MARCUS ALLEN, Petitioner-Appellant, v. CHRISTINE BRADLEY, COMMISSIONER, DEPARTMENT OF CORRECTION, Respondent-Appellee.

No. 01A01-9508-CH-00376.Court of Appeals of Tennessee. Western Section, at Nashville.
March 22, 1996.

[EDITOR’S NOTE: This case is unpublished as indicated by the issuing court.]

Davidson Chancery, The Honorable Robert S. Brandt, Chancellor, No. 94-1044-III

Charles W. Burson, Attorney General and Reporter, Patricia C. Kussman, Counsel for State Marcus Allen, Pro Se

CRAWFORD, Presiding Judge, W.S.

MEMORANDUM OPINION[1]

This appeal involves an inmate’s allegations that his release eligibility date was improperly calculated by the Tennessee Department of Correction. Plaintiff-Appellant, Marcus Allen (“Allen”), petitioned the chancery court for a declaratory judgment seeking, inter alia, a new calculation of his parole and release eligibility dates. The trial court granted the Motion for Summary Judgment filed by Defendant-Appellee, Christine Bradley, Commissioner, Department of Corrections (“Commissioner”). Allen, acting pro se, perfected the present appeal.

On April 8, 1990, Marcus Allen was convicted of 14 counts of receiving stolen property. He received 14 five year terms, some to be served concurrently and some to be served consecutively, totaling 20 years of service. Allen was sentenced as a Range II multiple offender, making him eligible for parole release after service of 35% of the twenty year sentence, less sentence credits earned and retained. T.C.A. § 40-35-501(d) (Michie 1990 Supp. 1995).

On October 31, 1991, Allen escaped from Fort Pillow Prison and Farm. He was returned to the prison on March 3, 1992, and on March 30, 1992 a disciplinary hearing was held and, pursuant to TDOC Policy #502.02, Allen’s release eligibility date was extended by 20%. Allen was also convicted in Lauderdale County of felony escape and sentenced to one year and six months.

Although Allen has presented several issues for this Court’s review, we perceive the dispositive issue to be whether the trial court erred in granting the Commissioner’s Motion for Summary Judgment.

A trial court should grant a motion for summary judgment when the movant demonstrates that there are no genuine issues of material fact and that the moving party is entitled to judgment as a matter of law. Tenn.R.Civ.P. 56.03. The party moving for summary judgment bears the burden of demonstrating that no genuine issue of material fact exists. Byrd v. Hall, 847 S.W.2d 208, 210 (Tenn. 1993). In Byrd, the Court stated:

Once it is shown by the moving party that there is no genuine issue of material fact, the nonmoving party must then demonstrate, by affidavits or discovery materials, that there is a genuine, material fact dispute to warrant a trial. Fowler v. Happy Goodman Family, 575 S.W.2d 496, 498 (Tenn. 1978); Merritt v. Wilson Cty. Bd. of Zoning Appeals, 656 S.W.2d 846, 859 (Tenn.Ct.App. 1983). In this regard, Rule 56.05 provides that a nonmoving party cannot simply rely upon his pleadings but must set forth specific facts showing that there is a genuine issue of material fact for trial. “If he does not so respond, summary judgment . . . shall be entered against him.” Rule 56.05 (Emphasis in original).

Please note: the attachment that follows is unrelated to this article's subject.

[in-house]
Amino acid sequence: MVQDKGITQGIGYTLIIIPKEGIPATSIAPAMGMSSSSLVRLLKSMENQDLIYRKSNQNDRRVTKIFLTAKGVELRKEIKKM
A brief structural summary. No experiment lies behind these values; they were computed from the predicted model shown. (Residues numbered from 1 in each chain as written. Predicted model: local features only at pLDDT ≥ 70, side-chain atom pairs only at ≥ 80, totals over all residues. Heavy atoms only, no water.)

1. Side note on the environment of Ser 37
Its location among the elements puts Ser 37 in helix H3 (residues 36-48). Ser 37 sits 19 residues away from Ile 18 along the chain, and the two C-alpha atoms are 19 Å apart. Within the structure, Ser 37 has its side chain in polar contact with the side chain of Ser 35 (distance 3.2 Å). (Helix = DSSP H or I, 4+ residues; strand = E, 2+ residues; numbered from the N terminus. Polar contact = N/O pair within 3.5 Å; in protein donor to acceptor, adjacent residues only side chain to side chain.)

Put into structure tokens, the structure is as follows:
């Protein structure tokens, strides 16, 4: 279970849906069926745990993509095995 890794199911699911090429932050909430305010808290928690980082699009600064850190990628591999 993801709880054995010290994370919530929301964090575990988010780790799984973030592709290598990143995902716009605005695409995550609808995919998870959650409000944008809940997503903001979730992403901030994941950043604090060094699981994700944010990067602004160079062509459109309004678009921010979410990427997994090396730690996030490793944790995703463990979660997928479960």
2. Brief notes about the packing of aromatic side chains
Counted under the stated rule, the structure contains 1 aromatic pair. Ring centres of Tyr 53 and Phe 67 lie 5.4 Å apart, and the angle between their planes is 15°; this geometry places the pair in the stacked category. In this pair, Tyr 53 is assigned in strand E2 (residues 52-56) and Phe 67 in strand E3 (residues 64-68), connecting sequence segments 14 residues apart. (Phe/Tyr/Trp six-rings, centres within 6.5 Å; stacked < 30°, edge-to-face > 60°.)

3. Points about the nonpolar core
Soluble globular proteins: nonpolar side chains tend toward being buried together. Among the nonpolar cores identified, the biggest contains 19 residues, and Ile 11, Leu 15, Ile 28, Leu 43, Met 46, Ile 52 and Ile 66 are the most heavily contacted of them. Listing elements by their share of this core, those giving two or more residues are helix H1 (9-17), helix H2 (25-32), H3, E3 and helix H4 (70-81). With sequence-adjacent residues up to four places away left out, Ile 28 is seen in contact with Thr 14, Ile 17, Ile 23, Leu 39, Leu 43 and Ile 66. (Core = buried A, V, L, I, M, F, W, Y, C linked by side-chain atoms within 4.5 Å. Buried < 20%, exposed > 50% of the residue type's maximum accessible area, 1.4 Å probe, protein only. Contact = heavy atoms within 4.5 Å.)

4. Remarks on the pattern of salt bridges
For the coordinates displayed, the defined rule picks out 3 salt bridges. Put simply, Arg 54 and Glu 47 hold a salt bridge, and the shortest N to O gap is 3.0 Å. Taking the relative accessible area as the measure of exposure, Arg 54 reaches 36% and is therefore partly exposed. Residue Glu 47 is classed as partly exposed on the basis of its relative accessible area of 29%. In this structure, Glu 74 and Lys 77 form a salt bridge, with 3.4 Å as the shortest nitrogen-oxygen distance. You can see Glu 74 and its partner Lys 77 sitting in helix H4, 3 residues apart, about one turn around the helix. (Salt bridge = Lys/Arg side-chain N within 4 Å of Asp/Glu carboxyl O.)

Id. at 211.

In the case at bar, the Commissioner filed a Motion for Summary Judgment with accompanying affidavit on June 16, 1994. The affidavit, executed by William O. Keeling, Manager, Sentence Computation Services, Tennessee Department of Correction, stated Allen’s sentence effective dates, release eligibility dates, and expiration dates as computed by the TDOC.

On July 22, 1994, Allen filed a motion and affidavit seeking an extension of time in which to respond to the Commissioner’s Motion for Summary Judgment. Despite his request for an extension, Allen never filed a response to the Commissioner’s motion. It is well established that a nonmoving party cannot rely on his pleadings, but must respond to a motion for summary judgment, by affidavit or otherwise, with specific facts. Tenn.R.Civ.P. 56.05; Byrd, 847 S.W.2d at 210. The trial court found that the averments in the Keeling affidavit demonstrated, for the purpose of summary judgment, that the TDOC had not improperly computed Allen’s sentence, thereby establishing that no genuine issue of material fact remained in Allen’s suit for declaratory judgment.

Allen also asserts in his brief that the extension of his release eligibility date is an ex post facto law. He further argues that the increase policy is not equally applied. Allen’s assertion is without merit. There is nothing in the record that supports his assertion. Moreover, there is no constitutional right for a prisoner to be released prior to the expiration of a legally imposed sentence. Rowland v. Bradley, 899 S.W.2d 614
(Tenn.Ct.App. 1994).

The trial court correctly granted the motion for summary judgment. Accordingly, the order of the trial court is affirmed. Costs on appeal are taxed to appellant.

________________________________ W. FRANK CRAWFORD, PRESIDING JUDGE, W.S.

CONCUR:

_________________________________ ALAN E. HIGHERS, JUDGE

_________________________________ DAVID R. FARMER, JUDGE

[1] Rule 10 (Court of Appeals). Memorandum Opinion — (b) The Court, with concurrence of all judges participating in the case, may affirm, reverse or modify the actions of the trial court by memorandum opinion when a formal opinion would have no precedential value. When a case is decided by memorandum opinion it shall not be cited or relied on for any reason in a subsequent unrelated case.